Chapter 6 – My First Ericsson
To be honest, I’m not a hundred percent clear on why I bought Fido’s Ericsson T18z. It might have been to soften the blow of a breakup (don’t worry, we’ve both moved on since). It might also have been that my Nokia 5190, with the removable faceplates and all, was getting to be too whimsical for someone who was now a home-owner and full-time actor. Or it might well have been a lingering jealousy over the first Fido phone I ever saw. In 1999 someone in a bar somewhere was pitching Fido to me via the Ericsson sitting atop his pack of cigarettes — I can’t say exactly which model it was, but I did find it appealing in an austere European kind of way.
The T18z, no less austere, easily passed my informal “cool enough for a gangster” test — like my StarTAC it also had a telescoping antenna that you could pull out with your teeth, John Travolta in Pulp Fiction-style. Another thing I liked was that it didn’t need a protective case. Being a semi-flip meant that the keypad was protected when not in use, and the monochrome screen was so tiny that the odds of it ever being scratched were slim to none. Also, a belt clip was built in to the back of the housing — not that I’d ever wear it on my belt; instead I displayed it proudly on my chest via the strap on my messenger bag, like a bike courier would. Never mind that I didn’t actually own a bike at the time.
The phone’s biggest drawback was its incredibly stiff keys which, when combined with the tiny screen, made texting a real chore. To combat this I found an interesting accessory, a snap-on qwerty keypad that Ericsson called the Chatboard. In theory it was a great idea, in practice not so much. The problem was one of weight distribution — to effectively text you had to hold the Chatboard with both thumbs, and the much heavier handset attached at the top had you constantly fighting the inevitable forces of gravity when using it.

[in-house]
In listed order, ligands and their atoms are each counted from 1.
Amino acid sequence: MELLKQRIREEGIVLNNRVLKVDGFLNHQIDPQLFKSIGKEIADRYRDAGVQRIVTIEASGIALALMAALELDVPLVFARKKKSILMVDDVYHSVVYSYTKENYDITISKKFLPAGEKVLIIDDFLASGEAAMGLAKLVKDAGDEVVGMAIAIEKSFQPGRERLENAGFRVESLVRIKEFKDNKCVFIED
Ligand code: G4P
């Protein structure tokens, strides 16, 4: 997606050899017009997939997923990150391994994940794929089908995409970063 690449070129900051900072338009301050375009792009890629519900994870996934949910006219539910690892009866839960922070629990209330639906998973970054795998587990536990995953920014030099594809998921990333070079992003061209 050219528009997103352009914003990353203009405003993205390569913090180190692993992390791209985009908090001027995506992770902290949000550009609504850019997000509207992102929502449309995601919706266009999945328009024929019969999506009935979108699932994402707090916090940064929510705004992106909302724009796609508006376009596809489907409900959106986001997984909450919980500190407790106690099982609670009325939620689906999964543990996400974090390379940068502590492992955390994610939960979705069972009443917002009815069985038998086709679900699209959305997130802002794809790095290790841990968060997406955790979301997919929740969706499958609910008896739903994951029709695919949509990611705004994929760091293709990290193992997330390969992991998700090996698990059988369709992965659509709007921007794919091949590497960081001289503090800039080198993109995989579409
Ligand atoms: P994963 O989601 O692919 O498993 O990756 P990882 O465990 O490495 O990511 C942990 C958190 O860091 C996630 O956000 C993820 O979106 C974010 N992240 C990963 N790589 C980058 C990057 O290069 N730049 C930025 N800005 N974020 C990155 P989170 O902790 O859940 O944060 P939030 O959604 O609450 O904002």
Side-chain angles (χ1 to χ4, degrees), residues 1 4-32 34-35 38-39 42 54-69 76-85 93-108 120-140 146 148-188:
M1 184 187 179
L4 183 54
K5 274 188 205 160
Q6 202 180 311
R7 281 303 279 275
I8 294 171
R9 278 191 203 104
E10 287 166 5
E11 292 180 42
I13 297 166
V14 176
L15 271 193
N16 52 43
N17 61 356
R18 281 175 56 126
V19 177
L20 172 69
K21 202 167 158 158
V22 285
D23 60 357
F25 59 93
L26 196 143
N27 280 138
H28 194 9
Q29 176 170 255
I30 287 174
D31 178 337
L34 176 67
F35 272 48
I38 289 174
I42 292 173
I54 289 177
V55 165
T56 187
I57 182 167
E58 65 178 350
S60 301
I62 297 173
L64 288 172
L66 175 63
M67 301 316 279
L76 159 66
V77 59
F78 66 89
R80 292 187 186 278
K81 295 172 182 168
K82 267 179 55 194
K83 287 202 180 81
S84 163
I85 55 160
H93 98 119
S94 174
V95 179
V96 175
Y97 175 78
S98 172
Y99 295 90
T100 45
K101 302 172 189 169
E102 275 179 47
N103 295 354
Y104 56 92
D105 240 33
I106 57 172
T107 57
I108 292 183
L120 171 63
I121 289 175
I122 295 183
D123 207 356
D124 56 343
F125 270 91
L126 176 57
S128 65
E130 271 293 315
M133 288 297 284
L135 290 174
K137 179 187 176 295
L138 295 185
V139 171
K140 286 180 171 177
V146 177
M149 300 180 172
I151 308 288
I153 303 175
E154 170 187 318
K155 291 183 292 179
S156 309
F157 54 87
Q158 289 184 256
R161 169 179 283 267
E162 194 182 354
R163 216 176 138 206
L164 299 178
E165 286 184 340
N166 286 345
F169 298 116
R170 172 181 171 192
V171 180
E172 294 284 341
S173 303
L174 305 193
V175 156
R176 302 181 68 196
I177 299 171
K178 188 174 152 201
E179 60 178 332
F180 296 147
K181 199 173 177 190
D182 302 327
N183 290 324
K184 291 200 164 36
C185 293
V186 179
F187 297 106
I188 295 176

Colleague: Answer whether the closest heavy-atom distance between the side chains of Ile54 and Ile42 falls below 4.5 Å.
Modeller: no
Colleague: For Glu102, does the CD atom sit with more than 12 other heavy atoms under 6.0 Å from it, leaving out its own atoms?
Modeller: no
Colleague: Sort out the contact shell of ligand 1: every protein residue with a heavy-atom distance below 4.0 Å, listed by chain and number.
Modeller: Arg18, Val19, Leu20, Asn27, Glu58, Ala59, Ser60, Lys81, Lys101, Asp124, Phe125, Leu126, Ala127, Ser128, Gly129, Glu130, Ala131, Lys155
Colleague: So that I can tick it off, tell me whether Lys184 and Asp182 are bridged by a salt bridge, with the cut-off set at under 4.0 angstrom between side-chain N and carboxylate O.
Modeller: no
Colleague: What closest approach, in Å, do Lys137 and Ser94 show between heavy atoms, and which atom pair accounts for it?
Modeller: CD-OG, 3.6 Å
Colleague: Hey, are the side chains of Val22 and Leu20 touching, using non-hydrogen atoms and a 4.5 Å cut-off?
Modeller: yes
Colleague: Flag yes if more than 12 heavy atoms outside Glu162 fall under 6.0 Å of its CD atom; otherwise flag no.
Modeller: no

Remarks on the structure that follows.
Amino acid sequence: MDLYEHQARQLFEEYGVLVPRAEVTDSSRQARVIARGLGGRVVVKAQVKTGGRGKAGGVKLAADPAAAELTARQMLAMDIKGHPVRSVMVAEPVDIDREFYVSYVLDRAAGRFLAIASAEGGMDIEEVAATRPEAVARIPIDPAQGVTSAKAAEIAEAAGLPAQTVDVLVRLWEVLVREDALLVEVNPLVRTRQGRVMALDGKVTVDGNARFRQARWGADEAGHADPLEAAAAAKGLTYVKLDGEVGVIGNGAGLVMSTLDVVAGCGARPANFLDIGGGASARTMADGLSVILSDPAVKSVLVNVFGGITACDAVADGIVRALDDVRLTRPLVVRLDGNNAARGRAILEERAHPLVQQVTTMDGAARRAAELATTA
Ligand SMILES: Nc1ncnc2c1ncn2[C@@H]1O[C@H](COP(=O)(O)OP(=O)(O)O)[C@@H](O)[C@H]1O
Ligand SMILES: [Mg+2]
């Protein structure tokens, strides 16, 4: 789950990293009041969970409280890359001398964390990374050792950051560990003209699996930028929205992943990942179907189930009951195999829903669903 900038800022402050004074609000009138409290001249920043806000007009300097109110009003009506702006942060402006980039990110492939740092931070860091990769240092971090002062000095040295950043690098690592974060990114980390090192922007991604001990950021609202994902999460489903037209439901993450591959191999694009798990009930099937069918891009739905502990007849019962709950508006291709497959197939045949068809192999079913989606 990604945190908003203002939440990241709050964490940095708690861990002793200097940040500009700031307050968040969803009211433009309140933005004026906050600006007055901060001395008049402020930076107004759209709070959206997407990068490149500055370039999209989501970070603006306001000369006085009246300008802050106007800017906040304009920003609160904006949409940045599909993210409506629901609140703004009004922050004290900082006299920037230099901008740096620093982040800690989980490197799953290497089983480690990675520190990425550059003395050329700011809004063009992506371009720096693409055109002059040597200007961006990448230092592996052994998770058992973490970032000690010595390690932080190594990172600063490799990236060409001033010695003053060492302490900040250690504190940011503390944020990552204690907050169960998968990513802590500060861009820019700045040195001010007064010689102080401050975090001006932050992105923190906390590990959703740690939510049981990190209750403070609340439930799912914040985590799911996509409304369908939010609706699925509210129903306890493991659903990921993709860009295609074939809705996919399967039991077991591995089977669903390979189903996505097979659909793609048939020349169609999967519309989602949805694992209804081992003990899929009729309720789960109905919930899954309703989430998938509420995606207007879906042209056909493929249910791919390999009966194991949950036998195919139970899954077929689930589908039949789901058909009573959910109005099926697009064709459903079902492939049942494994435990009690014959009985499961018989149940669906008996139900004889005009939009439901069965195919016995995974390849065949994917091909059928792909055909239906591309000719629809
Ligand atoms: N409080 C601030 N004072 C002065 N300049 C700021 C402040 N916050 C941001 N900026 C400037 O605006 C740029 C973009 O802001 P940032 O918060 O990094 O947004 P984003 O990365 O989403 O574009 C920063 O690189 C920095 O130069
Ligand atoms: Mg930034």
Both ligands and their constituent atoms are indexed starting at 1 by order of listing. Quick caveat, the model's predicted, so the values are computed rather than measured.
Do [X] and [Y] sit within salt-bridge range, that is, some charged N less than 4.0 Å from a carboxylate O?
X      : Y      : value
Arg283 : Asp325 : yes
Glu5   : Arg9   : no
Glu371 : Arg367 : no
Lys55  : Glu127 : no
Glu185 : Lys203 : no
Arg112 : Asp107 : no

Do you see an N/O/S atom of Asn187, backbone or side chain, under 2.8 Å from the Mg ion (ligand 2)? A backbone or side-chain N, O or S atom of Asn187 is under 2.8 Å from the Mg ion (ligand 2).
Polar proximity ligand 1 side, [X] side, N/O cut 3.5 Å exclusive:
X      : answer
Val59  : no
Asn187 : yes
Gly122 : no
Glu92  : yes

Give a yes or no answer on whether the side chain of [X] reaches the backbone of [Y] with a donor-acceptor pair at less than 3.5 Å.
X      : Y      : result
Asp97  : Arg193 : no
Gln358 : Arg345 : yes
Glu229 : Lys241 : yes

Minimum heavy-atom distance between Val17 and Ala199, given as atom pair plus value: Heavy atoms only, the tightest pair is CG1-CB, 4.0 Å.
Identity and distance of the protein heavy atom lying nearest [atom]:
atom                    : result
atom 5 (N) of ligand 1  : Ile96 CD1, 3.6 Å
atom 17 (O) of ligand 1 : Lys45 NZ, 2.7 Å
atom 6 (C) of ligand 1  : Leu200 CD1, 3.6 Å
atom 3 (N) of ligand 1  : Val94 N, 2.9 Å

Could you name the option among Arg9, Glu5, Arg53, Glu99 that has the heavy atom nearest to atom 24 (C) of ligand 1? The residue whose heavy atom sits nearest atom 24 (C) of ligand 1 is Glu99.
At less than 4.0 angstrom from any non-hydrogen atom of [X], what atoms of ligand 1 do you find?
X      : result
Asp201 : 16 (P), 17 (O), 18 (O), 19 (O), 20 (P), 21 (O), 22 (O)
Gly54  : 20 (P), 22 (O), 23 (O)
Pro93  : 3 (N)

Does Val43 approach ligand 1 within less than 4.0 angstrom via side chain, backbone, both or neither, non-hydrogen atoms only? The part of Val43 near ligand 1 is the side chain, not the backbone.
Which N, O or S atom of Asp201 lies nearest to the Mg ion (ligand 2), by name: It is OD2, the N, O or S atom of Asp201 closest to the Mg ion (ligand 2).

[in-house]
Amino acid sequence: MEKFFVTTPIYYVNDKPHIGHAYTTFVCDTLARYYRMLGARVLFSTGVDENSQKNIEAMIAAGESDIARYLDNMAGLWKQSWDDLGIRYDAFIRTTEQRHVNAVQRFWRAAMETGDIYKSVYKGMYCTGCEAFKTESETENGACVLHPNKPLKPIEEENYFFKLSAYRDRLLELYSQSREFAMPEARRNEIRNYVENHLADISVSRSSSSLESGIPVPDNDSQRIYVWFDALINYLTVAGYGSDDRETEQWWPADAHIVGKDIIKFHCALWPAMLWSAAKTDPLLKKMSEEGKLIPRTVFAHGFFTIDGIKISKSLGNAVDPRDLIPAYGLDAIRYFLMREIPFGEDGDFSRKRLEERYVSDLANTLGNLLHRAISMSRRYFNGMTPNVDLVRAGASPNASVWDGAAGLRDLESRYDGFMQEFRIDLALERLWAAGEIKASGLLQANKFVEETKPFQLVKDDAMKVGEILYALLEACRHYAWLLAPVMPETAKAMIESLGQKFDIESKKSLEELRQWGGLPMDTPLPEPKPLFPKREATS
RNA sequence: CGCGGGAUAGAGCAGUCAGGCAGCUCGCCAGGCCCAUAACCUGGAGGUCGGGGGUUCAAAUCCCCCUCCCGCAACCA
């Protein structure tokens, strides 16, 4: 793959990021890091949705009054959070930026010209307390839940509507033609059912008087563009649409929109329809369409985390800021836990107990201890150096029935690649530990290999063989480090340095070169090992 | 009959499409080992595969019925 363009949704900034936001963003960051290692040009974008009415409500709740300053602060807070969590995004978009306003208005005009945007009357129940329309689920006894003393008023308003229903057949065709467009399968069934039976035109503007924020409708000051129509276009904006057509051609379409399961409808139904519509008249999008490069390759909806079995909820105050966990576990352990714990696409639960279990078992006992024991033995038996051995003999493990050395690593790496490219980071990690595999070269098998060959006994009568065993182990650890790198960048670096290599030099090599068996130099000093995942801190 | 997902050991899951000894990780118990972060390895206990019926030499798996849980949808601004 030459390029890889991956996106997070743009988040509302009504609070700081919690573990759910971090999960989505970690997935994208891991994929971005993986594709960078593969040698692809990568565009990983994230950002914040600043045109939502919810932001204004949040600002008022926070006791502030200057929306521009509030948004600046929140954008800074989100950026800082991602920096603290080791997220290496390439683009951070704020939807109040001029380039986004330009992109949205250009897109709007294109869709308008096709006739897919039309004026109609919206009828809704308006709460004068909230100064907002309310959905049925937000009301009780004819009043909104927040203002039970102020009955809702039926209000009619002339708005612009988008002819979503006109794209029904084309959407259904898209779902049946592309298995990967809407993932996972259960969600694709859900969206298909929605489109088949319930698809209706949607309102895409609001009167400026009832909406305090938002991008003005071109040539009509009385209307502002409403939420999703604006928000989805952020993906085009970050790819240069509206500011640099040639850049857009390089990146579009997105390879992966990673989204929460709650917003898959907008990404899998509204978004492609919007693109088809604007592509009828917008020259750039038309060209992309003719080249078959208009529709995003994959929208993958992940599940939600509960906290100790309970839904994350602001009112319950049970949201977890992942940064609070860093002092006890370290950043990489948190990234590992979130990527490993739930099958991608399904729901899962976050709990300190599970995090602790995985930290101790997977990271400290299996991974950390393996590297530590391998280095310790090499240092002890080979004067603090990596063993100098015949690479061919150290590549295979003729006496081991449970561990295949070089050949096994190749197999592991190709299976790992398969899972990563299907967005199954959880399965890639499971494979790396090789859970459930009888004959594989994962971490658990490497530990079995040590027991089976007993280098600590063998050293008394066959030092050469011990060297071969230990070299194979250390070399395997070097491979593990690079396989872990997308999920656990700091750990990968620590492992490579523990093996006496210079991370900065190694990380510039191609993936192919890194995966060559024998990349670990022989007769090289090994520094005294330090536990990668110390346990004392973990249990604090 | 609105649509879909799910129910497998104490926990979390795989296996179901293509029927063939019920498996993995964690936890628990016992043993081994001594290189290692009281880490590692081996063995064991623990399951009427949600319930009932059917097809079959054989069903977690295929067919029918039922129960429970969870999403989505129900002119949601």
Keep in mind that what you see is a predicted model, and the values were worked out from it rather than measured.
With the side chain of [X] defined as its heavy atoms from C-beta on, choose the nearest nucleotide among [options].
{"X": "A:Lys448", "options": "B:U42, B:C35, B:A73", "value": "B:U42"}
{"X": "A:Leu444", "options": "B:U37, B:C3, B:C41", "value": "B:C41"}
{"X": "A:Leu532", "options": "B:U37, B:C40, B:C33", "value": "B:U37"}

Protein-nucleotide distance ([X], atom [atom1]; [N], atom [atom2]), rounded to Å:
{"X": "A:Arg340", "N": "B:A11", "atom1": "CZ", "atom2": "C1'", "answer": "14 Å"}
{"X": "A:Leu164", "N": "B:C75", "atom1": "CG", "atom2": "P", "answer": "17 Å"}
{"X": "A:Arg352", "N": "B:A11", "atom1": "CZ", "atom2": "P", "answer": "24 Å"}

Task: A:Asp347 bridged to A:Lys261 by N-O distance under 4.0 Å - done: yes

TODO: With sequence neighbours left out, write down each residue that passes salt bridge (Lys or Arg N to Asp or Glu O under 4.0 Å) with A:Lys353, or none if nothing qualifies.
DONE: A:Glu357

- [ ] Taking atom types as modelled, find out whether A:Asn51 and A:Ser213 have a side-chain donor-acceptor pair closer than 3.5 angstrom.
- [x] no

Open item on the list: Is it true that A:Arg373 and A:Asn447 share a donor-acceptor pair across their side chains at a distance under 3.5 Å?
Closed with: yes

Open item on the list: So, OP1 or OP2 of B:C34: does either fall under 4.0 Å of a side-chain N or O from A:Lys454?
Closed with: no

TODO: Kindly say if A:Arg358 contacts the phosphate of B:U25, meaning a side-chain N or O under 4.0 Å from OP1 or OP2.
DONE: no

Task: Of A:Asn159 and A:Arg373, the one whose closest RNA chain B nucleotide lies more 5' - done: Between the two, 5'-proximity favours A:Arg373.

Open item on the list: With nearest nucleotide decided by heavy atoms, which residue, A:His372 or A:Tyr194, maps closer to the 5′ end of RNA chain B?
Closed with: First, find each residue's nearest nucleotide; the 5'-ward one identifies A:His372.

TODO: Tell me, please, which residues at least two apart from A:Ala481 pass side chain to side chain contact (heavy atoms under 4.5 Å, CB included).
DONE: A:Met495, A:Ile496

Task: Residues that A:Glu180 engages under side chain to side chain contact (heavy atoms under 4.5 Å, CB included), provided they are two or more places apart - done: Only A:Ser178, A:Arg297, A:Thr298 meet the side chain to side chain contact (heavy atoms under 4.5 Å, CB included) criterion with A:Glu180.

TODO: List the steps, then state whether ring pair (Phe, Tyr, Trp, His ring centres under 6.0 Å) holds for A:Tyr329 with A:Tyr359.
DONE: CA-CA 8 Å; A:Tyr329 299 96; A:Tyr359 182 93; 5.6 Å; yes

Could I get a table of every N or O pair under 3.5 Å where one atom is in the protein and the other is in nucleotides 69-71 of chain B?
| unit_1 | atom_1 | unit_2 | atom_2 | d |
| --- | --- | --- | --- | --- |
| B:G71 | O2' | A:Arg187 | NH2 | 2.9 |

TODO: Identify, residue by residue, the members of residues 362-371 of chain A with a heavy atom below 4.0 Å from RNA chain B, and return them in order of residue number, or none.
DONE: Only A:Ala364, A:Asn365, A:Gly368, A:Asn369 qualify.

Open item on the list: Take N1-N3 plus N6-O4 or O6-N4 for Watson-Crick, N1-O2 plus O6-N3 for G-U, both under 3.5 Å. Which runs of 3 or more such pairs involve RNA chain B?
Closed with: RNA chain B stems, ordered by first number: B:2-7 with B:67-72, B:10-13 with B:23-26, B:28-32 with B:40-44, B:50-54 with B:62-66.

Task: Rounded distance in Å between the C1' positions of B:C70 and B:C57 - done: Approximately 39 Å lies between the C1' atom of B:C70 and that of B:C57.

A more usable accessory was the Mobile Office DI-27 — that is, an infrared modem. Snapping this on to the bottom of my T18z enabled me to compose texts on my Palm Pilot, then send them through the air to my phone and onwards to the recipients. Remember, this was still the year 2000; I can remember drawing an actual crowd when a buddy and I broke out our Palms and played a game of Battleship via an IrDA connection… We were gods that day.
The unfortunate thing about infrared was that you needed a line-of-sight connection, just like the remote for your TV. So sending and receiving texts using my Palm and Ericsson meant that both Ir ports had to be facing each other for the transfer to work. And the transfer speed was so slow that I most often had to lay both of them down on a flat surface and wait — hardly an optimal solution for handheld devices meant to be used on the move. Fortunately, there was something better just around the corner…